Some schools stay open despite below-zero wind chills - WSIL-TV 3 Southern Illinois

Some schools stay open despite below-zero wind chills

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UNION CO., Ill. -- How cold is too cold to keep kids out of school?

A number of schools in Union County stayed in session Wednesday despite several others in southern Illinois cancelling classes due to below-zero wind chills.

Lick Creek superintendent Brent Boren said it all boils down to how much exposure to the cold students face.

"The biggest factor to consider is student safety overall," Boren said. "We don't want to ever do anything to jeopardize our students. We make the best decisions we can based on the information given to us."

Boren said there weren't any problems with students coming to school Wednesday morning.

"Our students don't walk to school like in other districts," Boren said. "We don't have bus stops where students wait for the bus. Our buses pick the kids up directly from home and bring them to school, or over half of our students are dropped of here at school by parents."

Anna Jonesboro High School also held classes Wednesday.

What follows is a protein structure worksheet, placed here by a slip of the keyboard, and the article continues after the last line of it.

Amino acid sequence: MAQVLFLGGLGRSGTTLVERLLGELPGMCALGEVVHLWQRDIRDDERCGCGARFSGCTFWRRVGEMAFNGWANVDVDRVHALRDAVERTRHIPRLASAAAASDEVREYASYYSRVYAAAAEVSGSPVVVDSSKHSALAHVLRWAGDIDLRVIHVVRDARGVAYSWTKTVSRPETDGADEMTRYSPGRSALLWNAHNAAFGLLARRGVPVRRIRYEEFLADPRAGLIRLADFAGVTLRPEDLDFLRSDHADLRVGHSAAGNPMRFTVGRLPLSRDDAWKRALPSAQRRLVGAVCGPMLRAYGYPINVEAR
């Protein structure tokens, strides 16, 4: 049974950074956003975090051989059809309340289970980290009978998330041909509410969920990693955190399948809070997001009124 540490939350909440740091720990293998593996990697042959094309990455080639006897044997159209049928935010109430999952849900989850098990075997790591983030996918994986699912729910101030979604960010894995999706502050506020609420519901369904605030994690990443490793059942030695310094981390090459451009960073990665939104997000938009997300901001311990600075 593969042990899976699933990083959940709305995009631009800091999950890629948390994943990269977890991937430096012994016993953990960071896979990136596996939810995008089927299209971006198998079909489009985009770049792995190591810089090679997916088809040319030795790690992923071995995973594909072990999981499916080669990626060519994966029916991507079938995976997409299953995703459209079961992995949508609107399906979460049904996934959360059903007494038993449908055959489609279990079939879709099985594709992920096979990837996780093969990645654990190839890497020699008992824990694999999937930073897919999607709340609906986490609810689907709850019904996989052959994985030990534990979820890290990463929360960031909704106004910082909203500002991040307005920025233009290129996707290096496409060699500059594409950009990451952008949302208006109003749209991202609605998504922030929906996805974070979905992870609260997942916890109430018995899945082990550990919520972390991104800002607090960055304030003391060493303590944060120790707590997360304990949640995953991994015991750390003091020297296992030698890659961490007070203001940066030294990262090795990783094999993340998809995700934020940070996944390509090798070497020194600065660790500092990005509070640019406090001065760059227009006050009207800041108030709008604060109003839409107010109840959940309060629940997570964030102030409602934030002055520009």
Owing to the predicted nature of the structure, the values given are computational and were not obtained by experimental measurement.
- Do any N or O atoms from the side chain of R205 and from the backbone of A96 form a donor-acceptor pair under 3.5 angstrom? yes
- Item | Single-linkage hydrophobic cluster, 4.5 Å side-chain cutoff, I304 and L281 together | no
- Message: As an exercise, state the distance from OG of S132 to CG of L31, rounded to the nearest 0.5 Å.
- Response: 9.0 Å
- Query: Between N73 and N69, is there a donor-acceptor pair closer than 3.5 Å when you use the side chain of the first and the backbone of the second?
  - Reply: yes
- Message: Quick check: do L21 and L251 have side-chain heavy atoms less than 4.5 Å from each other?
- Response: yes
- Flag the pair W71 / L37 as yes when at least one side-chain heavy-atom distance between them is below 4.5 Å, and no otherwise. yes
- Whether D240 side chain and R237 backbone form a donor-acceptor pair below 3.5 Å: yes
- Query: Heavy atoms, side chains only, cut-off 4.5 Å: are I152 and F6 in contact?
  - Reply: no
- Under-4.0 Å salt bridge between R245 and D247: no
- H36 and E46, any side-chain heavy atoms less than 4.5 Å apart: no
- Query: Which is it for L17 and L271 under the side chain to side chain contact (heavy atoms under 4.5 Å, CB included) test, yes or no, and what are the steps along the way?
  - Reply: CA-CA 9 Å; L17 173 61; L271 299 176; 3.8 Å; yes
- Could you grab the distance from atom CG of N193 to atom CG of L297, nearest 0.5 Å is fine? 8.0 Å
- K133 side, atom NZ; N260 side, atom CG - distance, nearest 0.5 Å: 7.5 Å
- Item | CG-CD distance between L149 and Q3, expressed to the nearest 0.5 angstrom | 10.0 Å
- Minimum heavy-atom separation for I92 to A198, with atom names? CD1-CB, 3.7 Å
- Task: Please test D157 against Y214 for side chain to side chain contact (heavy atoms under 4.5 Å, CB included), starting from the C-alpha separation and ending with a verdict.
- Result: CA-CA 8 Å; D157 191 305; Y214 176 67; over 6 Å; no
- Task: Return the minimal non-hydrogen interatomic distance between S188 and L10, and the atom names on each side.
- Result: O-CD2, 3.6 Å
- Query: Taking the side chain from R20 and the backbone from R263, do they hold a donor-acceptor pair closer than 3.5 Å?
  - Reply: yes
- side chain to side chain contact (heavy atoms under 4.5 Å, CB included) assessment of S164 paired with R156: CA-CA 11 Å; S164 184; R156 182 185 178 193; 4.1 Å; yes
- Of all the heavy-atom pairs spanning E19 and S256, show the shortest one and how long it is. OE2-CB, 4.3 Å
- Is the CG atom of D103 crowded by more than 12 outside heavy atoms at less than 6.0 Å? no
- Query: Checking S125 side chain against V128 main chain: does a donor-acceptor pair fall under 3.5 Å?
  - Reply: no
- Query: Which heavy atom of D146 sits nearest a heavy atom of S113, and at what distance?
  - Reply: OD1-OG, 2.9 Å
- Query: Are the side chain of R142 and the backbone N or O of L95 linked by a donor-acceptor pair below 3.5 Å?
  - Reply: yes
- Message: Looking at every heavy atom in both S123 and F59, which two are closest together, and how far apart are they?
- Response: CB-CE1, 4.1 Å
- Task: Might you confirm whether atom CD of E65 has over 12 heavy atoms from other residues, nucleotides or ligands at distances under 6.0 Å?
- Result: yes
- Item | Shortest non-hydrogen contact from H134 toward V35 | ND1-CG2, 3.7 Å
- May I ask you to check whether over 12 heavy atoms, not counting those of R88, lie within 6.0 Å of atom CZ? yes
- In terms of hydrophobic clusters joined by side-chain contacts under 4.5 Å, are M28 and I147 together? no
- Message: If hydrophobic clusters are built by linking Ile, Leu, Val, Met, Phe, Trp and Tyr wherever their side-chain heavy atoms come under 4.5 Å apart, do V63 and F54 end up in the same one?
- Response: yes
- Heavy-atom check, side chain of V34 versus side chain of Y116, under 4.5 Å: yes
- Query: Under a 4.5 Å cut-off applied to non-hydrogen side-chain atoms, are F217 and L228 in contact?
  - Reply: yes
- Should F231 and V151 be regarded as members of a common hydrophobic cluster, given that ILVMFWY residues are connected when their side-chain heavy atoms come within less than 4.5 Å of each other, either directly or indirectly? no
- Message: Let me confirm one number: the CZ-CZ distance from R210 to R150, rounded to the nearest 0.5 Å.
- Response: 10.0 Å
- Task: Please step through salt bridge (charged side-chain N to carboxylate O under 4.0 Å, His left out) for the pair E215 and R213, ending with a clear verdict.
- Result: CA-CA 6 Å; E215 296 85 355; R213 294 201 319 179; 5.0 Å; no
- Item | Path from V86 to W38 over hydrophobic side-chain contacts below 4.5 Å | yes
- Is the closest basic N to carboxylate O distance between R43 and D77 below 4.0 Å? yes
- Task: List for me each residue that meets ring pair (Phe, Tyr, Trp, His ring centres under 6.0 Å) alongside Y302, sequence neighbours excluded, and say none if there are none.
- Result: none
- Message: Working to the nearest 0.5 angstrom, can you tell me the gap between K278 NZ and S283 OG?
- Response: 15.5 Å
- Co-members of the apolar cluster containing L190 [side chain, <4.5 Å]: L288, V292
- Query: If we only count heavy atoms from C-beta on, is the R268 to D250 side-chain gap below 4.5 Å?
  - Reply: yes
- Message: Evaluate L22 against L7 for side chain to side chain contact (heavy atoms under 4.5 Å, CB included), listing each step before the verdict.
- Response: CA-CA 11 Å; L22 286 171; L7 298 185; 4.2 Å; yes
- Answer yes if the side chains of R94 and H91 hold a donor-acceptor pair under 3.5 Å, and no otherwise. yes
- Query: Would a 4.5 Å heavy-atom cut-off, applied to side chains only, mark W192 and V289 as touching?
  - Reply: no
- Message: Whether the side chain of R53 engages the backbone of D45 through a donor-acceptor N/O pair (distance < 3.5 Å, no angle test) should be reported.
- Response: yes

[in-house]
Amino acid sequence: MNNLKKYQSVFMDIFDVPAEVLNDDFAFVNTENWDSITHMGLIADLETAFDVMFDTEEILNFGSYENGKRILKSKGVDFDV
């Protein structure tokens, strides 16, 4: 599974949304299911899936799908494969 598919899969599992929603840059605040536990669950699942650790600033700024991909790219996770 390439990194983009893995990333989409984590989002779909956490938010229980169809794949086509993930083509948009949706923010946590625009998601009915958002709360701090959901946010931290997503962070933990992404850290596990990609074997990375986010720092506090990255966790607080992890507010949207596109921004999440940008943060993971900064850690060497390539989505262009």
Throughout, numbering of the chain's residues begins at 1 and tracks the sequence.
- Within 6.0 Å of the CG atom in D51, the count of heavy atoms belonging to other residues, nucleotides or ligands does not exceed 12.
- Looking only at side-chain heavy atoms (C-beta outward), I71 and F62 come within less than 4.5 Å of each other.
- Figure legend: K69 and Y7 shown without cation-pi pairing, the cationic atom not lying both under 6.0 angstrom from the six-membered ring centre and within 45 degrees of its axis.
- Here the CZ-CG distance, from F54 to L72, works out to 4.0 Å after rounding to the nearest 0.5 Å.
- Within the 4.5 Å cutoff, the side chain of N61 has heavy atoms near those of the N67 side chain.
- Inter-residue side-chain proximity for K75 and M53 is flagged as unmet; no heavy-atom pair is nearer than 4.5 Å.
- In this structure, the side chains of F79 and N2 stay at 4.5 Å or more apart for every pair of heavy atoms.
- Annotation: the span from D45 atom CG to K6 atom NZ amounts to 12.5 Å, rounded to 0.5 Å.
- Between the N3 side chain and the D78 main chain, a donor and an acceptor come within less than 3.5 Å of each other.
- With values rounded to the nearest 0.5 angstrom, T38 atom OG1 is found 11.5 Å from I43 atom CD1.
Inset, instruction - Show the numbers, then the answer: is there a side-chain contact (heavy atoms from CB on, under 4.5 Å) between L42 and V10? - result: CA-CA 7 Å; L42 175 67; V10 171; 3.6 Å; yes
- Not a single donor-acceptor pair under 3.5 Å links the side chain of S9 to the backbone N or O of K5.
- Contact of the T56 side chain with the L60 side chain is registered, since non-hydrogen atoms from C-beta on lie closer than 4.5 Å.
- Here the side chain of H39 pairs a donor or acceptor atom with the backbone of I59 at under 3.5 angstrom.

"When I looked at all the conditions, quite honestly, I was quite surprised to see that many schools had ended up not going today," superintendent Rob Wright said.

Wright said he never really considered cancelling school.

"I've also mentioned to a few that they'll probably thank me because it's one less day in May that they'll have to attend when it's 80 degrees outside," Wright said about having to add an extra school day to the calendar if they cancel school for any reason during the year.

Other schools had more issues with the cold weather though, like the Frankfort Community Unit School District.

Superintendent Matt Donkin said he worried about students out in the cold.

"(We) estimate how many of our students ride buses, stand at bus stops, walk or bicycle to school, and then try to make a decision based on the safest options we thought we had," Donkin said.

Each school official says there are a number of factors that play into school closures, but ultimately student safety is at the heart of each decision.

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